Using riots, violence, and the promise of civil disobedience to try and shutdown the campaign of a politician is the antithesis of democracy.  Threatening people with violence for supporting a political candidate is the fastest way to end liberty.

trump jumped


This is populist totalitarianism.  This is an attack on the core principles on which America was founded.  This is the lacing up of the boot.

This we cannot abide.

If you want to support a candidate, that is your right.  Donate to their campaign.  Stump for them.  Go to the polls and vote for them on election day.

DO NOT try to silence the opposition and intimidate your opponent’s supporters.

I promise you, that will not end well.  That is not a threat, not yet, that is a warning.  I do not want to have to recount to day to my children when I witnessed the American kristallnacht, at the hands of those who proclaim to be for Social Justice.

Never again.  I mean it.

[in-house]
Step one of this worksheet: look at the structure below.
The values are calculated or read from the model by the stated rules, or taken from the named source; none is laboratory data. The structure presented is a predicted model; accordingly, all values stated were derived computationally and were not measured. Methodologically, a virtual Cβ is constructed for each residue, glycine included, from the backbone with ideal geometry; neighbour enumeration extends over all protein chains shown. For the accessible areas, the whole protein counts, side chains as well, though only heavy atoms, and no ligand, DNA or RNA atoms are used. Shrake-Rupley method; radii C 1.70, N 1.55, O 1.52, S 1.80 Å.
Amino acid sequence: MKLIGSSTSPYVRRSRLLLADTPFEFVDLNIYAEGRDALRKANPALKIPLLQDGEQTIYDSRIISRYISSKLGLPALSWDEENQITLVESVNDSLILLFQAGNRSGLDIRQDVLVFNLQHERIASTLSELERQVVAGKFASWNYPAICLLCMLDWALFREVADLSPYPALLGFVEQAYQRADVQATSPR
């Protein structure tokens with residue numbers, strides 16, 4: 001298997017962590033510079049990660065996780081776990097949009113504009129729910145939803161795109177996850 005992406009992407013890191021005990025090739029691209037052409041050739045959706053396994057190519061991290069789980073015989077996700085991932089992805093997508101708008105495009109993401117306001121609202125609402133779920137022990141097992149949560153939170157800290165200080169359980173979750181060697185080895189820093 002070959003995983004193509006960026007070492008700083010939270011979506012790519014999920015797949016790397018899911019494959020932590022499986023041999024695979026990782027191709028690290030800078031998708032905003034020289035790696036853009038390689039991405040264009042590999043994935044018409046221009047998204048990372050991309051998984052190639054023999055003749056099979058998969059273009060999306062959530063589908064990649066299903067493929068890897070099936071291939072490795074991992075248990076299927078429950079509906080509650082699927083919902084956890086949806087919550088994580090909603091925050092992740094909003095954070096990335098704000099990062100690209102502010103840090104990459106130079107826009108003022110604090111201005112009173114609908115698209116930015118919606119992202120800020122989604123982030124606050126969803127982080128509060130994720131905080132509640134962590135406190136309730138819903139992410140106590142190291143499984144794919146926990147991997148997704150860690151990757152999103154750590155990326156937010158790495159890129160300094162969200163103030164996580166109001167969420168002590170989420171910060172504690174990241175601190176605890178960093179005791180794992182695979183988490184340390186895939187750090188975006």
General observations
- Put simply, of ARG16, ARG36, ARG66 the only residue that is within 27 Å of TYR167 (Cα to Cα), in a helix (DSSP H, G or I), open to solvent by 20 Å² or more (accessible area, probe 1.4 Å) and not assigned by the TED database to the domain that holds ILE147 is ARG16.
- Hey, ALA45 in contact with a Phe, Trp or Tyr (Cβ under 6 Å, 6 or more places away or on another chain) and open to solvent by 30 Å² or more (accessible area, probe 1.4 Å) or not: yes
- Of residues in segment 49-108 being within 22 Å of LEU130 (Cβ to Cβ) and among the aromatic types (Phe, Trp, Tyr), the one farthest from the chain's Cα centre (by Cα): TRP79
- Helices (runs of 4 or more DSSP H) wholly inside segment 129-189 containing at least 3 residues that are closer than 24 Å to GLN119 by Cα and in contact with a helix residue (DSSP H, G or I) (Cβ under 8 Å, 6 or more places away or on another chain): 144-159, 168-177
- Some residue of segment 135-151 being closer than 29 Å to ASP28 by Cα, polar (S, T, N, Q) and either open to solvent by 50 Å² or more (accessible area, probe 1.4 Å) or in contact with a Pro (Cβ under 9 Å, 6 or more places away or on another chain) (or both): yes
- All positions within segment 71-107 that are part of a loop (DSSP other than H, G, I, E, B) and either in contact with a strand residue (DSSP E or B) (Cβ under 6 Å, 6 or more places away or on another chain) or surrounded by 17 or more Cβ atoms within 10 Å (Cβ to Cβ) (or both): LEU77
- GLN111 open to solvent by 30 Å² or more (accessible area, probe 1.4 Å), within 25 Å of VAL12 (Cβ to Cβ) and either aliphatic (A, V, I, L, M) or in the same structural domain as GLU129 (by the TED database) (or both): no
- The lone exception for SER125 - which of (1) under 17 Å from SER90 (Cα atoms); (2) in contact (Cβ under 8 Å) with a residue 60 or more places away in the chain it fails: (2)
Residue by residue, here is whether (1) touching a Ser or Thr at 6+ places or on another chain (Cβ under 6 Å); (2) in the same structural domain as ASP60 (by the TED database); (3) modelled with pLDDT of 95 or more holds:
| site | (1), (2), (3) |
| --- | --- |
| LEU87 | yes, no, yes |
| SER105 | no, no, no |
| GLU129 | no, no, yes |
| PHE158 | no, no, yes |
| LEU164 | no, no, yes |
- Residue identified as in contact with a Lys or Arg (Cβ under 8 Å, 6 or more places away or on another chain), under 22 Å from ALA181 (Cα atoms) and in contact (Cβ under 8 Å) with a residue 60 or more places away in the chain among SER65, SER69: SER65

There are many of us, millions of us, who do not want the boot in our or anybody else’s faces.  We don’t care who wears it, an elected official, petulant children, social activists, or an angry mob.  We want only to breathe deep of the sweet air of freedom.  To paraphrase MLK, we want everybody to drink from the river of prosperity, freed from the thirst of oppression.

The very first flag hoisted by this nation was emblazoned with the words DONT TREAD ON ME.  A dozen score years later, we still bear that motto proudly.

Since this is the hashtag generation, let me put this in words that you will understand #FuckYourBoot.


Not doing yourself any favors

A 17 year old black youth, named Trevon, was shot under dubious circumstances in Miami.